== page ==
Mawlawi Zubair Mutmaeen, a commander taliban in charge of platoons of suicide bombers in Acceptance, is now a police chief of the new regime of Afghanistan in charge of security in a district of the capital.
But according to Mutmaeen, 39, with a black turban and beard, the change is not very great either: previously the Americans and the Afghans who worked with them were legitimate targets for the Taliban in their fight for a true Islamic order, and now his policing in the community serves the same goal, he argues. «Previously I served Islam, and now I am also serving Islam. There is no difference “, he affirms in declarations to ‘The Wall Street Journal’.
This American newspaper collects one of the tasks to which the former commander is now dedicated: mediation in a marital dispute. A woman dressed in a burkaShe relates, complaining that she could no longer live with her nosy mother-in-law. Clearly used to being in command, Mutmaeen instructed the husband that, according to Islamic law, he was to provide his wife with “shelter and other basic necessities.” The solution of the now police chief was for the mother to move to the house of her other son. After some coaxing, the husband reluctantly agreed.
No salary or training
The Taliban turned into police officers, explains ‘The Wall Street Journal’, do not receive a salary or training for their new functions. It is unclear what standards they enforce other than the ‘sharia‘, Islamic law.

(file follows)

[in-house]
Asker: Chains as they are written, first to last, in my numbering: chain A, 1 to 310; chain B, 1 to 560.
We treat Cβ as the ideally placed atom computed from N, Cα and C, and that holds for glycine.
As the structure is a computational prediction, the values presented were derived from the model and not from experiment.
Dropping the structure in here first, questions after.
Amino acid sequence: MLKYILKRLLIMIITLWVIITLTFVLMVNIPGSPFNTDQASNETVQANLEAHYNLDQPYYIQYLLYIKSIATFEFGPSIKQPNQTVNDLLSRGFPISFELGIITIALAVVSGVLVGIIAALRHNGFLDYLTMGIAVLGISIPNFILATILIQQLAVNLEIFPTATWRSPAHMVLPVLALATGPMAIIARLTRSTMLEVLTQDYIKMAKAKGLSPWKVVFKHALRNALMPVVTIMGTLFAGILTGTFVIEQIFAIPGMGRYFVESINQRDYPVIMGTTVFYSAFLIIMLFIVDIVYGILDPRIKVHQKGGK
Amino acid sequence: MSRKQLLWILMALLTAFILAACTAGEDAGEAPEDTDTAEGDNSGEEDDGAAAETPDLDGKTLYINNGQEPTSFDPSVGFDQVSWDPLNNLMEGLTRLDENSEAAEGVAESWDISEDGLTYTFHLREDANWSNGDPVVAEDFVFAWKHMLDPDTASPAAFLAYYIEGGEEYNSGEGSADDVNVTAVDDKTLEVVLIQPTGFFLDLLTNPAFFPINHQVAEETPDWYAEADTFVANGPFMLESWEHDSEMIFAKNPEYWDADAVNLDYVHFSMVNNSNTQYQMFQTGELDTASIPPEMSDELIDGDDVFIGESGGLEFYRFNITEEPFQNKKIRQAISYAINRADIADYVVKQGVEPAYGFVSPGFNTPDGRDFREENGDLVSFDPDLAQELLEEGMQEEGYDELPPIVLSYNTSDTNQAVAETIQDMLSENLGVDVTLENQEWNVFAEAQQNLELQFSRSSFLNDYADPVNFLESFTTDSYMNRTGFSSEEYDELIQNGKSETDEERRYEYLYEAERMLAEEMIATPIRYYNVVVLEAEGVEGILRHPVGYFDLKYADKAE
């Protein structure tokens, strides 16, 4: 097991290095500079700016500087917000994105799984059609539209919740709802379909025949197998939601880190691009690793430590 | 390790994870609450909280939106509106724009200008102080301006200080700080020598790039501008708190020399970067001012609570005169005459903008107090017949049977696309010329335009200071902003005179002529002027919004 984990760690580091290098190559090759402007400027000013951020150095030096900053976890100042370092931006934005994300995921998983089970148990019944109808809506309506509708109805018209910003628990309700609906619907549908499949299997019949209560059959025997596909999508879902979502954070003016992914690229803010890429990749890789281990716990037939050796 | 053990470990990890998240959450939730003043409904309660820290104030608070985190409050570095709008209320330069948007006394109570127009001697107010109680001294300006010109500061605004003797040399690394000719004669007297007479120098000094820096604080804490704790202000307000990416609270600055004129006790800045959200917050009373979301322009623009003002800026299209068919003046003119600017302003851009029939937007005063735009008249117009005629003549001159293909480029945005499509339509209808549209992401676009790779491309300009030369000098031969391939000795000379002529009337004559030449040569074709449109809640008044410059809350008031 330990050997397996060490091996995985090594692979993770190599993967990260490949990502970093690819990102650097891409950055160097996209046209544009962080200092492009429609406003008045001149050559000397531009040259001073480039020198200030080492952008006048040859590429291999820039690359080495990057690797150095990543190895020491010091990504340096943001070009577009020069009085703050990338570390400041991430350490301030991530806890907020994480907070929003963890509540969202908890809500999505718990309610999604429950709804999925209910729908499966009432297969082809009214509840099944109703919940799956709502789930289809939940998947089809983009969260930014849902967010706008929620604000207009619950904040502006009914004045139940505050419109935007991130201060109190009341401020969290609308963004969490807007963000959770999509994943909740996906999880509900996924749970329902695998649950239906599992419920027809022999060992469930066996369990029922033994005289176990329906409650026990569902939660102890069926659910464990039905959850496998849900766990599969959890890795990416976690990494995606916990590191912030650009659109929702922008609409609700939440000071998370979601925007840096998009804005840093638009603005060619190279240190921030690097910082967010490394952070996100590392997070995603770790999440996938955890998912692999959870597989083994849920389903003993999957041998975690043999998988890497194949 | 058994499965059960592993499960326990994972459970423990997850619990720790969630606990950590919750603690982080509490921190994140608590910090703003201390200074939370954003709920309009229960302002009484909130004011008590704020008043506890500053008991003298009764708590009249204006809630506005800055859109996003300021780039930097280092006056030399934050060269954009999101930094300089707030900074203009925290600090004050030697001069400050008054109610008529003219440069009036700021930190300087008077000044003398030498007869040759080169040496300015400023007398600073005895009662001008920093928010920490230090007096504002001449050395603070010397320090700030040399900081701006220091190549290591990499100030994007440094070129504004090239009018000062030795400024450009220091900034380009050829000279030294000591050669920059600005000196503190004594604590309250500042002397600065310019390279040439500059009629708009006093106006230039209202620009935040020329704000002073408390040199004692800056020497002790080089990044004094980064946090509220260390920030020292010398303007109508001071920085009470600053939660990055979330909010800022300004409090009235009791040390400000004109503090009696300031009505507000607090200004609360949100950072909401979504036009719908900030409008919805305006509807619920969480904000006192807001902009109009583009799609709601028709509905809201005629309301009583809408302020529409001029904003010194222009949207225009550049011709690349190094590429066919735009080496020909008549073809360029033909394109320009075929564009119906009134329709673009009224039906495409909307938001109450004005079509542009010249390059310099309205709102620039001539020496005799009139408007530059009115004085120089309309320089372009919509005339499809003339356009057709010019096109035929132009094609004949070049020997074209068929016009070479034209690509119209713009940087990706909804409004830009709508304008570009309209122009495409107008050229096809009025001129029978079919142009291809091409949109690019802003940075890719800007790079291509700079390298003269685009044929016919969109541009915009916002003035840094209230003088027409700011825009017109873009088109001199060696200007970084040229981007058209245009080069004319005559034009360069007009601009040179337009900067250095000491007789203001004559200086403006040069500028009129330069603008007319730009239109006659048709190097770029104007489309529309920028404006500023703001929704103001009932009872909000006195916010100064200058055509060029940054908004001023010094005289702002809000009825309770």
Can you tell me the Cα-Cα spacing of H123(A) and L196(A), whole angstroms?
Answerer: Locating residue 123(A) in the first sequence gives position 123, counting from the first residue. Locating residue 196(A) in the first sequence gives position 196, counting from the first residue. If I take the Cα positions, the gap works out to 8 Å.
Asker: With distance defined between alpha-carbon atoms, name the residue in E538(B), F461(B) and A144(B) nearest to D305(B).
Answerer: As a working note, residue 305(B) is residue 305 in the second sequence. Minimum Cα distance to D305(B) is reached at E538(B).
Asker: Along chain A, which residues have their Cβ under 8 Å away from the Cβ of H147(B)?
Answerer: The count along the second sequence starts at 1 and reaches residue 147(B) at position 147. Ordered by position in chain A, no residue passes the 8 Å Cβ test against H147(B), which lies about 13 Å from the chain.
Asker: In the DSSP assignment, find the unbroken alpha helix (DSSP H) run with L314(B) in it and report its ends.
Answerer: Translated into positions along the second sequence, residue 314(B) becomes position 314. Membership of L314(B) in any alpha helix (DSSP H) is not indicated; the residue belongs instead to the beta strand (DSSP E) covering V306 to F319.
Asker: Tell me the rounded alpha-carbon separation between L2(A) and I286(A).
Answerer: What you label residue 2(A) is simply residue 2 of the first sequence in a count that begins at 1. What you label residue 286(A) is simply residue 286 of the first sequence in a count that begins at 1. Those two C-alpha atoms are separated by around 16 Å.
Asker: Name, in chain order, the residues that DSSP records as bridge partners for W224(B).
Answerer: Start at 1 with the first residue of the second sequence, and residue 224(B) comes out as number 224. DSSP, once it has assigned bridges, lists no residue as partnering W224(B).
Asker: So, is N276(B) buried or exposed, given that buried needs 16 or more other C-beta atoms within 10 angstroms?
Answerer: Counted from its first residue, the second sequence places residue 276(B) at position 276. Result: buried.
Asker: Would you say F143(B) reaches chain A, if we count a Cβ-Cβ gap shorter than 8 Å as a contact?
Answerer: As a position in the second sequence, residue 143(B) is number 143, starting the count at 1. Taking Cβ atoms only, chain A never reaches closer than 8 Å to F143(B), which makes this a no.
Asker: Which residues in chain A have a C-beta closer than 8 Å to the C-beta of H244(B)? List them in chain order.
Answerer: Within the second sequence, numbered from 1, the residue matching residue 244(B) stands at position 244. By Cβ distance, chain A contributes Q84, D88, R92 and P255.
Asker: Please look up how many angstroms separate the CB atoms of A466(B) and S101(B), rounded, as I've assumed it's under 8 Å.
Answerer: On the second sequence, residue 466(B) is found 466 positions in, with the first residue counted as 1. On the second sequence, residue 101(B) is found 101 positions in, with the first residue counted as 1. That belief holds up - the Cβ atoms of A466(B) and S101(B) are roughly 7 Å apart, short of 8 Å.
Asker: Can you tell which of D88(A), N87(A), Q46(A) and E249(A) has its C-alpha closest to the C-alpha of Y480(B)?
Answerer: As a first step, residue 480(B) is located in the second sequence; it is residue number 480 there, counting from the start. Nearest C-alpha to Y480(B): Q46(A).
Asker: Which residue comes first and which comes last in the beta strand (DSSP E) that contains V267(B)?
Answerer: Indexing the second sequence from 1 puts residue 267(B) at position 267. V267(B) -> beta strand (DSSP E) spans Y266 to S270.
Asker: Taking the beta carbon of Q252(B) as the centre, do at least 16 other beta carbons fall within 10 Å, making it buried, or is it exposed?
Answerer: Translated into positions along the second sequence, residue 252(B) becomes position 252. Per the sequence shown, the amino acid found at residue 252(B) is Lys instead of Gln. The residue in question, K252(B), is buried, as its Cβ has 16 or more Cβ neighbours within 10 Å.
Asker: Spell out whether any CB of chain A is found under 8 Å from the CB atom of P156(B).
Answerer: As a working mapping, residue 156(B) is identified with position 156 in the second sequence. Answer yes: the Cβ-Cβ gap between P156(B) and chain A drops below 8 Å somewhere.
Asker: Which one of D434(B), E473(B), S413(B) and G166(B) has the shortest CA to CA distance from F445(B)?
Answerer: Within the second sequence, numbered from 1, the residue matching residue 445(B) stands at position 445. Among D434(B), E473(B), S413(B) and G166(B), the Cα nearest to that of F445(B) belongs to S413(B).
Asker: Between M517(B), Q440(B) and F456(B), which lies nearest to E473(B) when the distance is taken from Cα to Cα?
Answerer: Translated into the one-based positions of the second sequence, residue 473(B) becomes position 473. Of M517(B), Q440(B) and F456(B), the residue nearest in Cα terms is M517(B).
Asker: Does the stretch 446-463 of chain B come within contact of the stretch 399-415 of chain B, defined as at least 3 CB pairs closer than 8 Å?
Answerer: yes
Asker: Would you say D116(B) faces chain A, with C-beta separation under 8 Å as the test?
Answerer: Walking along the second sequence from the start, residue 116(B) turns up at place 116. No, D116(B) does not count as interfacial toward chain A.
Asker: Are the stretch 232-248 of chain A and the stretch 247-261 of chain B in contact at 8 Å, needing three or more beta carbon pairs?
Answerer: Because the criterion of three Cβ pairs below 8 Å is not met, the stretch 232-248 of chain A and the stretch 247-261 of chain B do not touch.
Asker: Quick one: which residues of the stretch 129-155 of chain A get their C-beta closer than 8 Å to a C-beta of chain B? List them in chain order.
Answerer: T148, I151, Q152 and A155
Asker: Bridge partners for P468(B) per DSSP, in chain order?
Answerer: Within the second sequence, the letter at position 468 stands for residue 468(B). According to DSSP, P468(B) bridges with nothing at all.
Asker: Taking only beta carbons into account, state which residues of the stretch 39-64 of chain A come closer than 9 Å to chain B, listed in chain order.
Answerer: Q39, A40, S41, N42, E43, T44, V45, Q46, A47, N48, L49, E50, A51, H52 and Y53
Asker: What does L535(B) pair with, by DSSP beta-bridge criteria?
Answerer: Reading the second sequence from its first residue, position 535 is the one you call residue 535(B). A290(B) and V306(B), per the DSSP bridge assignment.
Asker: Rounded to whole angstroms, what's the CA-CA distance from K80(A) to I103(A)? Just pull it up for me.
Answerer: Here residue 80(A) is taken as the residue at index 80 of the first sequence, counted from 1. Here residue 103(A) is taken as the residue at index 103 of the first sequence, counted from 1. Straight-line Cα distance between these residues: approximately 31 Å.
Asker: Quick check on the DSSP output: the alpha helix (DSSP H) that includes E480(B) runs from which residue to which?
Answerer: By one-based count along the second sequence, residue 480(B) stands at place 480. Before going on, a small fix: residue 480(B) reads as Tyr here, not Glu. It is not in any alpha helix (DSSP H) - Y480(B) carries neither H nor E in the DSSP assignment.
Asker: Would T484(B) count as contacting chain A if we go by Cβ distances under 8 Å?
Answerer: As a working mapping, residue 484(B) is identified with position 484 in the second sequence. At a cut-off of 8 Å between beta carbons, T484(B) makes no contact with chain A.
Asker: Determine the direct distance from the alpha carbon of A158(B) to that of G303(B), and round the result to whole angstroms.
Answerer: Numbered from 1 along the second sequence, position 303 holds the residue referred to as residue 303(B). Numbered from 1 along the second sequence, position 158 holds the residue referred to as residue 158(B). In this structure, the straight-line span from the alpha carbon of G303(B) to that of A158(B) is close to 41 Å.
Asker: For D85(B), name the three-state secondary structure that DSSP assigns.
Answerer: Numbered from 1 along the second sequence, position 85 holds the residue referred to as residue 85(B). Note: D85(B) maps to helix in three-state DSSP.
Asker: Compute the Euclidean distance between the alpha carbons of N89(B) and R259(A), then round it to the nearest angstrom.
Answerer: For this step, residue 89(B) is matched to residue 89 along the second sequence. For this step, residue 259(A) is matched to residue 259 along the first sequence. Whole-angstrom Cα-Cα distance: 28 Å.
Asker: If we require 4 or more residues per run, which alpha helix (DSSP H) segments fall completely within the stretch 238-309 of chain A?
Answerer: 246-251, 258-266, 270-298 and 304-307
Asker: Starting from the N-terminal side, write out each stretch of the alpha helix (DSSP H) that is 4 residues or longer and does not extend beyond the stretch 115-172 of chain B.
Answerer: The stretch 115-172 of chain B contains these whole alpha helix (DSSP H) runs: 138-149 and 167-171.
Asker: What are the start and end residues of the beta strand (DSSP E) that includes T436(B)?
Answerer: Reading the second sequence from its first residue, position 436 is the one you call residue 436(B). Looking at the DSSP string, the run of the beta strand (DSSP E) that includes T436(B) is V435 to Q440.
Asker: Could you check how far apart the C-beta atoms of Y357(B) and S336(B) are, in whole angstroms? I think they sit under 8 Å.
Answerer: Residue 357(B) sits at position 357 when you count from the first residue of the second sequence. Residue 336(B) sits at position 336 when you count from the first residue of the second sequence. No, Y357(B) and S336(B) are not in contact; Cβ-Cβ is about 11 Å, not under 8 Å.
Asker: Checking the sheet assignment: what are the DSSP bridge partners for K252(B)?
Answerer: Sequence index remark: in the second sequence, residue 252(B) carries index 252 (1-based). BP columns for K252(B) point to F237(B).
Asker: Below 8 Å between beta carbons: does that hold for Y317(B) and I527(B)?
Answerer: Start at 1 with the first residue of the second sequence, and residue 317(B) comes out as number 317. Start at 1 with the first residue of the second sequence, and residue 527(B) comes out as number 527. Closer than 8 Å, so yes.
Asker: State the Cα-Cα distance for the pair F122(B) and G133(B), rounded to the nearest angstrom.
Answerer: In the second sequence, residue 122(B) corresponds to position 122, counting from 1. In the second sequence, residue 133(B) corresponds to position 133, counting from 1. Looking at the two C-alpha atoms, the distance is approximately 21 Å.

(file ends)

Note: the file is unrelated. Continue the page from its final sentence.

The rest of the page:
The penal code of the Afghan republic supported by the US, repealed by the new Islamic ’emirate’ on August 15, may or may not be applied, and the Taliban say their goal is to return to the 1964 constitution, in the It belonged to King Zahir Shah, except for the clauses that they consider to be contrary to Islam.
Islamic law derived from Koran and of the sayings and deeds of the prophet MuhammadIt covers both criminal and civil cases, as well as moral conduct, and includes harsh penalties for minor offenses, such as flogging for adultery and cutting off a hand for theft. In their previous period in power, between 1996 and 2001, the Taliban attracted worldwide attention for applying this type of punishment. Most Muslim-majority countries today do not apply them, recalls the aforementioned newspaper.
The Taliban, a guerrilla group with tens of thousands of fighters, ruled only remote rural areas until this year and infantrymen received no formal pay, although they earned irregular income through spoils of war. The combatants say they were supported by other family members who had paid employment.
Now that the war is over, the Taliban have to find a way to get these men onto the government payroll, at a time when the Afghan Administration’s coffers are empty, most foreign aid is on hold and some $ 9 billion in assets of the Afghan central bank are frozen.